Posted by Alan Nazarelli ● Wed, Apr 24, 2024 @ 11:48 AM

Only the Paranoid Survive-AI Edition



In this week's post, I want to evoke one of my favorite business books "Only the Paranoid Survive" by Andy Grove, founder of Intel. I re-read it recently, but with the filter of the AI revolution that is upon us all and in light of our ongoing customer insights that inform us on how much disruption most technology leaders are preparing for. Many of you downloaded our FireHose™ series report titled "Shift Happens" published earlier this year. First, a quick summary of the book’s main thesis and then ideas on how business leaders can apply the book’s principles today based on our research findings.

"Only the Paranoid Survive" puts forth the notion of Strategic Infection Points (I'll use the acronym SIP for brevity below), which the author defines as a time in the life of a business when its fundamentals are about to change. I think we can all agree we are undergoing a SIP today. He goes on state the following: [SIPs] can be deadly to a business if not attended to promptly and strategically. A business can begin to decline, never to return to previous greatness.

Applying this to our current AI revolution, which Andy Grove would have called a 10X change, we would add the following: 

  1. Technology leaders we have been interviewing since mid-2023 indicate being in POC stages with their AI initiatives, using the proof-of-concept implementation paradigm that has been the adoption cadence of technology such as workflow automation, cloud adoption and edge computing etc., in the last few years. This goes against the grain of SIPs. If this is truly an inflection point, then this is no time for incrementalism.
  2. Andy Grove tells us that the most dangerous competitive disruption is when your offering can be built or delivered in a different way. We would add, based on the hindsight of the internet revolution that fueled the innovation that we are all beneficiaries of, and subject to, today, that another blind spot is the elimination of intermediaries; the classic case being the overnight disappearance of the travel agency industry.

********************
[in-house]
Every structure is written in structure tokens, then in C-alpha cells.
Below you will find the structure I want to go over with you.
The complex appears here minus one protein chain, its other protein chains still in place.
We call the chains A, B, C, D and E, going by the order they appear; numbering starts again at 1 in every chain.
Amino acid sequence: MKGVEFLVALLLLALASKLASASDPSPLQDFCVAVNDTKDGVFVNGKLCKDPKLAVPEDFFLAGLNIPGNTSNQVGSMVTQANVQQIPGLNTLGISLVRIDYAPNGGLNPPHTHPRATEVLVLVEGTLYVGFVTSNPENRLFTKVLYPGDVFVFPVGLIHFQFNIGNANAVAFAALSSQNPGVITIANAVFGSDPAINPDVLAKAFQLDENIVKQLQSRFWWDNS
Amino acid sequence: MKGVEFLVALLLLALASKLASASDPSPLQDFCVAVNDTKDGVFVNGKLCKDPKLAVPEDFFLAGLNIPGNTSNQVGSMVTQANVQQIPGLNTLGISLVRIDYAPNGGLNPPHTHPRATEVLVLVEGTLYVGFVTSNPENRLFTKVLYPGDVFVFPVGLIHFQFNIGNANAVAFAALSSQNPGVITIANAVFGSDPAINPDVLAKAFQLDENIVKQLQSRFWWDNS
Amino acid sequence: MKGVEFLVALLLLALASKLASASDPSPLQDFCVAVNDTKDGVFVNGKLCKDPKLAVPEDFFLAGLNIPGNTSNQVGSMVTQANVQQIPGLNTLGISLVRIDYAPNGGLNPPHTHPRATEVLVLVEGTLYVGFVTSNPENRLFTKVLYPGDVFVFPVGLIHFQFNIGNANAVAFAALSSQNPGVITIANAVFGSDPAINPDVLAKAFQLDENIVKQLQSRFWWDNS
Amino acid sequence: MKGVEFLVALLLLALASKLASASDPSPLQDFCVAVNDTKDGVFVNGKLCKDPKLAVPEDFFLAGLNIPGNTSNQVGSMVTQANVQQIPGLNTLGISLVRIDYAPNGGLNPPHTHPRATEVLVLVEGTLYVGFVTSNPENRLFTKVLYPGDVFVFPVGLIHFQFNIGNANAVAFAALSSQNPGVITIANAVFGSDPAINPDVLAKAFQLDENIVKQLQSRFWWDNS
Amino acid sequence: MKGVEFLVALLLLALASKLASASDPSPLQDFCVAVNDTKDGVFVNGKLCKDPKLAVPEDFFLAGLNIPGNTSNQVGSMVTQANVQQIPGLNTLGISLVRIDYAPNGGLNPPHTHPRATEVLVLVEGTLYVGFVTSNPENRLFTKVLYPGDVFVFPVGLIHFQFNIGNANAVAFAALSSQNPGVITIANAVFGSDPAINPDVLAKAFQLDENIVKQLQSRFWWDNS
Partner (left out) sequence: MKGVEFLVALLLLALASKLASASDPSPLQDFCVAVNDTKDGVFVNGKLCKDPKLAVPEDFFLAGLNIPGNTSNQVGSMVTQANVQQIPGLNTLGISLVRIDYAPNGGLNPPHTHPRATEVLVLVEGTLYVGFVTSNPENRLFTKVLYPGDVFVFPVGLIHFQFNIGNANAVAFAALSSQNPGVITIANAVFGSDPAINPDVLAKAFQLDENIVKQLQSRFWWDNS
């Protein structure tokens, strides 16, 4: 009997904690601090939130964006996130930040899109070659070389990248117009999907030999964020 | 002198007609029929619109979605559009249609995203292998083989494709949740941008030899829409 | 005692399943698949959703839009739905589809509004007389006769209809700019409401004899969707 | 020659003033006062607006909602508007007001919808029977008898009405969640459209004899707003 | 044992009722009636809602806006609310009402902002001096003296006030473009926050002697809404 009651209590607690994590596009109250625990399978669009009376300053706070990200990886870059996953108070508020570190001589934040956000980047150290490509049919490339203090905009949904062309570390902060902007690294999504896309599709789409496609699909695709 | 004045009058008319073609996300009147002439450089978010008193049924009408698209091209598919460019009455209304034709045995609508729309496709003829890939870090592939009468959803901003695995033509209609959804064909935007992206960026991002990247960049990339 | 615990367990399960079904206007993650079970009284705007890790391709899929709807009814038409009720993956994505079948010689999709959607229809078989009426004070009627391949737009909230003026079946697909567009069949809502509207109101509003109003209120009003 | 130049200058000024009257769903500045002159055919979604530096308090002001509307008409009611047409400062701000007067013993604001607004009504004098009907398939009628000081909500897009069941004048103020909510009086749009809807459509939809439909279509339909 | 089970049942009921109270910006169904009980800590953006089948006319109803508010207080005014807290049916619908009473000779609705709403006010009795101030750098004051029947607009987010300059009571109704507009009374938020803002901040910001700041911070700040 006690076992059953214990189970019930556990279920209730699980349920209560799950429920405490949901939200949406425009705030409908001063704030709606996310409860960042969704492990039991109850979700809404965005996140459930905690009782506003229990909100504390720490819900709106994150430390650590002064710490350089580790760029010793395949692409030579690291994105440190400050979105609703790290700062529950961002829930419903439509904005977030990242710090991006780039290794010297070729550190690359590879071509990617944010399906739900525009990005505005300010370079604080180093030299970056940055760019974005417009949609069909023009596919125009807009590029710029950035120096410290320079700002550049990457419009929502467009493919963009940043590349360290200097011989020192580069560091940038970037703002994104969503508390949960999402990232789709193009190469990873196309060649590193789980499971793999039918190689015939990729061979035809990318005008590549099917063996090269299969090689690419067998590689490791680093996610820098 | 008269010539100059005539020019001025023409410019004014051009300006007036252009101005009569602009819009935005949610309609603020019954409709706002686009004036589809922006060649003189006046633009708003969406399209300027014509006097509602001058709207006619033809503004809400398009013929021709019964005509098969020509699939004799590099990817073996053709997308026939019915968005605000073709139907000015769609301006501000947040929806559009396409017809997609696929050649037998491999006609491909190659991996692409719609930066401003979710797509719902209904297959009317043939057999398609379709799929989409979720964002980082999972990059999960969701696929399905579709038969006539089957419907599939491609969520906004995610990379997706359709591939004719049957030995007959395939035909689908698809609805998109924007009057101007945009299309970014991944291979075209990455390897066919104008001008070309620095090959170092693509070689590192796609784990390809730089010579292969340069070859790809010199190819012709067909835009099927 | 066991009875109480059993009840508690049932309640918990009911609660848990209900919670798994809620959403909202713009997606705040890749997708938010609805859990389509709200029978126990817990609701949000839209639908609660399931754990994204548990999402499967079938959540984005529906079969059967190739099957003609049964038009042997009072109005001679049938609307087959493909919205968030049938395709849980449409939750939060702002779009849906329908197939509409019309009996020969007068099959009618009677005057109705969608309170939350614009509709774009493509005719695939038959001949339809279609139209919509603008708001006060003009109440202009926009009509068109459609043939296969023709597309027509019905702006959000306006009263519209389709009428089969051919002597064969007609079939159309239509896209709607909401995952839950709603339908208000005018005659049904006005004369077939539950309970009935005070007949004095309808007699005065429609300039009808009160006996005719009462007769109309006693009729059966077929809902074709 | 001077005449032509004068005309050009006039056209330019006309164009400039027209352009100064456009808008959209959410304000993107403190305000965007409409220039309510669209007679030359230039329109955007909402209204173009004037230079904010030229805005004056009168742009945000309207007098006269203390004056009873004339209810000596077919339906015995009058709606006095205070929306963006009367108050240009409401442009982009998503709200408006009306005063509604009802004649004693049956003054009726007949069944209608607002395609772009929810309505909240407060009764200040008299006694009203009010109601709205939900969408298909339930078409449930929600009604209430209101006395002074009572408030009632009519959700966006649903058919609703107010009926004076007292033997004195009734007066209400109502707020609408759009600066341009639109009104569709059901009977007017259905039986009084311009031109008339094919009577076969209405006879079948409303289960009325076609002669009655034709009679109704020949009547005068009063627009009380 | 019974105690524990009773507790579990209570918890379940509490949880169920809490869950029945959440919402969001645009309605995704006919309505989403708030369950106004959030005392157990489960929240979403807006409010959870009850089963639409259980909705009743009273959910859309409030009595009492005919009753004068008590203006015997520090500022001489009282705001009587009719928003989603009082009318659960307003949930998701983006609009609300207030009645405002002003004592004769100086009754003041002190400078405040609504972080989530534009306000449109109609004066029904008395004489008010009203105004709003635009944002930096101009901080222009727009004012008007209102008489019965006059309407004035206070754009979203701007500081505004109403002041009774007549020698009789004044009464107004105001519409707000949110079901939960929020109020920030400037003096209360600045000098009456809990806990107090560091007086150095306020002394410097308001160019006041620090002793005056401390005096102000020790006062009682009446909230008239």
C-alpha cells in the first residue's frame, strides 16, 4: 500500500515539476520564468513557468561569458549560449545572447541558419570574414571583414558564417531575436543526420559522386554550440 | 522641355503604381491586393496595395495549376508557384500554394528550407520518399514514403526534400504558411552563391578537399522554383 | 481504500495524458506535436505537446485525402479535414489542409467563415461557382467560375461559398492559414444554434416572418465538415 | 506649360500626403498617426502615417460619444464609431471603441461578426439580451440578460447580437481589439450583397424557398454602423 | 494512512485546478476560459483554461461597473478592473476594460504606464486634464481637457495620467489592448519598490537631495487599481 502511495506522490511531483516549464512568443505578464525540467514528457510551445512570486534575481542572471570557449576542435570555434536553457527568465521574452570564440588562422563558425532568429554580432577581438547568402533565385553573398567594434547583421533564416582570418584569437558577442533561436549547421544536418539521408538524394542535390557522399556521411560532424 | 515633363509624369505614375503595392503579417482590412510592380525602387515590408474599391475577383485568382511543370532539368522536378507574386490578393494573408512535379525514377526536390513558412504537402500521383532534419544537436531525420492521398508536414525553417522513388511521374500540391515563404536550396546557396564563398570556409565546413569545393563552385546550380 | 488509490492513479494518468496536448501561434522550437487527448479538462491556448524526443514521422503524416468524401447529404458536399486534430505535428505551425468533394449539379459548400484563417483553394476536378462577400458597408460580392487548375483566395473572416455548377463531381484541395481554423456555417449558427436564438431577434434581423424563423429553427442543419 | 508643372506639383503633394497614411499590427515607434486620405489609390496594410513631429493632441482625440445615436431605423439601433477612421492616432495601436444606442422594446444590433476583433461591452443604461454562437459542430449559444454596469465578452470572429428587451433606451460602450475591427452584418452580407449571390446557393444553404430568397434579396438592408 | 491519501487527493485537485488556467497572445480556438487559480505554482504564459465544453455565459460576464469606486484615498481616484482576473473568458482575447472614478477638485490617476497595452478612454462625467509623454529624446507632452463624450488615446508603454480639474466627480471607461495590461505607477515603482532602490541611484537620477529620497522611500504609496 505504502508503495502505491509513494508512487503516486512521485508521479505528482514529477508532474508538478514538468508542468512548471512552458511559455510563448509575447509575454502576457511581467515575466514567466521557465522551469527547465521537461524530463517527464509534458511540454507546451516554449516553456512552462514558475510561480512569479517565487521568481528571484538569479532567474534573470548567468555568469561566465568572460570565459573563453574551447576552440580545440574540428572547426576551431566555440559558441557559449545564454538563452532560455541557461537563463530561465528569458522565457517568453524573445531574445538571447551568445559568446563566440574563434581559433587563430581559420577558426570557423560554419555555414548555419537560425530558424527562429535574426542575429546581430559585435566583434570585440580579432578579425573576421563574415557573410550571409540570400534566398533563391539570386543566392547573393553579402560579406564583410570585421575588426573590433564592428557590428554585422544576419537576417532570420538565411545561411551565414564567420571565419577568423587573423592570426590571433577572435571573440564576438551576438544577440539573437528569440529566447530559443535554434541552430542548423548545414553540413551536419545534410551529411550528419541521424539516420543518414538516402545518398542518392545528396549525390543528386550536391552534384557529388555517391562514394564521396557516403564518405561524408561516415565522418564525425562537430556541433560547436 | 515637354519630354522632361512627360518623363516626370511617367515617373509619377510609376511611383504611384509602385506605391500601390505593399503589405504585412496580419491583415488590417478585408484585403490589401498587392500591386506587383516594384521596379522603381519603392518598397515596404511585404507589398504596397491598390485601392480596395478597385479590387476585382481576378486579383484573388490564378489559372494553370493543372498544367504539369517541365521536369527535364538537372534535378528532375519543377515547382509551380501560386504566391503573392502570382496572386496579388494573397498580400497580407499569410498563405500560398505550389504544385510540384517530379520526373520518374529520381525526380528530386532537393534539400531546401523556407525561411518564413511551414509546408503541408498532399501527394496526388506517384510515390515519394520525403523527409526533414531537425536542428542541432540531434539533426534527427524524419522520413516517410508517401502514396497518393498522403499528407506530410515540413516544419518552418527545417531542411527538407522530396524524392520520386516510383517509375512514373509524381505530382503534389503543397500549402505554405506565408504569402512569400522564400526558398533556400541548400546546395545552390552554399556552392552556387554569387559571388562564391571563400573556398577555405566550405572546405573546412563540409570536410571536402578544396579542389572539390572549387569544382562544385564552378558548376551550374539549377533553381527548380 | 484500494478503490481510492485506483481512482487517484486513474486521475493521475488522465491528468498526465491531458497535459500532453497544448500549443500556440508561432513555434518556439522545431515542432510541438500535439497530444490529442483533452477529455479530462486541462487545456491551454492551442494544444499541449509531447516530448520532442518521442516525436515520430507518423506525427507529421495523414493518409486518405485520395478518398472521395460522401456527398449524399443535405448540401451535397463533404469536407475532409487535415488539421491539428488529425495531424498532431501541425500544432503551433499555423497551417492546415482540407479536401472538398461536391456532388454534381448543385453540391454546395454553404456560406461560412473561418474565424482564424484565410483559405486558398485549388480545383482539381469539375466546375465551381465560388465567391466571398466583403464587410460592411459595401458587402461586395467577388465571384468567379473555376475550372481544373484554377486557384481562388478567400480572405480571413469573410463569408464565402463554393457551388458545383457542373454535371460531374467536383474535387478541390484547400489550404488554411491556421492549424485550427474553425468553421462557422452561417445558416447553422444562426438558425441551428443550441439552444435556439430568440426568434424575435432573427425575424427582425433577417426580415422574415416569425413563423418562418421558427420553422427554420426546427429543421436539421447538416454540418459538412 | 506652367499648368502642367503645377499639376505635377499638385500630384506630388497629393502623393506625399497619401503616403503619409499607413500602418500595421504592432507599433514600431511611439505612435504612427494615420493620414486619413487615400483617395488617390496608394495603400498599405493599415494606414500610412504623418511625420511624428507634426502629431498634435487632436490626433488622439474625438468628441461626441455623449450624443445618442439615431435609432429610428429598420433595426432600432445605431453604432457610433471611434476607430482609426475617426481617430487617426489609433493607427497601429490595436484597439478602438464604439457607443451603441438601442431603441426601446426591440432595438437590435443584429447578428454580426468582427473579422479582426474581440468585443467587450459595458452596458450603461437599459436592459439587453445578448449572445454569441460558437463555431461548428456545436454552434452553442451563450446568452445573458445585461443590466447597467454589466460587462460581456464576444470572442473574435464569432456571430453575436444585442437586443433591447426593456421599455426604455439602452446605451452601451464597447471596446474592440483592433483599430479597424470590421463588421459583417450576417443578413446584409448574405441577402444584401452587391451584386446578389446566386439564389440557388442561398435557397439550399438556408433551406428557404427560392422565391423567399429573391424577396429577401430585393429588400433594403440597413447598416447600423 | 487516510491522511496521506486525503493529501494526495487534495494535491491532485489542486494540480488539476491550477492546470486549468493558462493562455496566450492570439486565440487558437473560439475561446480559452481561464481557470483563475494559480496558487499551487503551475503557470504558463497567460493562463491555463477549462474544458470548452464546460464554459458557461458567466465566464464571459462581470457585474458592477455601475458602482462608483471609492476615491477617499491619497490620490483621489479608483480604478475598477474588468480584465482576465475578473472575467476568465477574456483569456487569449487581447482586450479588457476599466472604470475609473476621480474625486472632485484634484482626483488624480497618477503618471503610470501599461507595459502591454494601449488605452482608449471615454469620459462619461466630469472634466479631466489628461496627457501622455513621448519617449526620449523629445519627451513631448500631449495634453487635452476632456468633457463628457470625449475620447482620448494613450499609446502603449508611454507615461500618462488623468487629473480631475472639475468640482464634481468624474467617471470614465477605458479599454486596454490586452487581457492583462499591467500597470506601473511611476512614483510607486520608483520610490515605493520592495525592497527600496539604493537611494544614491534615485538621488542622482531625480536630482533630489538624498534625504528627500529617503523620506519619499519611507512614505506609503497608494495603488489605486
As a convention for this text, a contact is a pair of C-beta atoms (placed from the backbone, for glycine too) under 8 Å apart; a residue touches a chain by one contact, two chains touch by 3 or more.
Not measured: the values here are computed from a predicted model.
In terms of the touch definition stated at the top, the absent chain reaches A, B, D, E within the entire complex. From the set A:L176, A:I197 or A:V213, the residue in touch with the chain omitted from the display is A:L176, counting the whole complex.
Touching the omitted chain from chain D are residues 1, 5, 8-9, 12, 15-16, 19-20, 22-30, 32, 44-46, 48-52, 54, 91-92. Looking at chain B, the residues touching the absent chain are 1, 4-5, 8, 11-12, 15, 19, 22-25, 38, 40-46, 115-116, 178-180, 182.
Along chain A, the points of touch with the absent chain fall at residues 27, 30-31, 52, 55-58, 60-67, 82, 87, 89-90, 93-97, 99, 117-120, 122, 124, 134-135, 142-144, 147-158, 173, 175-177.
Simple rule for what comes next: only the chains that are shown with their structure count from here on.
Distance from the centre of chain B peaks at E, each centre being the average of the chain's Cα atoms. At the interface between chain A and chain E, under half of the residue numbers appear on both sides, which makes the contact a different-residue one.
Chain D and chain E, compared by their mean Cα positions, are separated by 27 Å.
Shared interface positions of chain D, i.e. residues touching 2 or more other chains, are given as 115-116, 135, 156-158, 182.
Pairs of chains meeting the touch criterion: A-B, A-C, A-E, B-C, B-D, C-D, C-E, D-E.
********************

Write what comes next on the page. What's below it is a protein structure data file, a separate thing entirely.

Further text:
3. There is therefore fast mover advantage to be considered, which in previous conference speaking engagements, I have described in terms of three T's:
    • Target
    • Topology
    • Technology
  4. Top customer insights and research priorities during a SIP need to emphasize:
    • Being close to customers
    • Being close to competitor's customers
    • Less closed ended, more open ended. 
    • To this end, in-depth qualitative is the answer. I know, this may amount to hearsay in our current big data driven world, but I just said it. This SIP calls for a "blank sheet" approach.
    • Step out of the old questionnaire templates to gather new "white space” insights not previously sought or considered.
    • Last but not least, exploring the insights lie at the edge of the spreadsheet versus within. In traditional data analysis, researchers tend to delete this, this is a time to do a double-click on these.

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Alans high res picture 12.19.22   Alan Nazarelli is Founder & CEO of Silicon Valley Research Group. Based in San Jose, CA with offices in Seattle and New York, the company works with the world’s most innovative brands to provide timely and actionable market intelligence and strategic guidance to enable them to make well-informed decisions to positively impact revenues and profits and to achieve their growth targets. Connect with Al on Linked in


Topics: Market Research Best Practice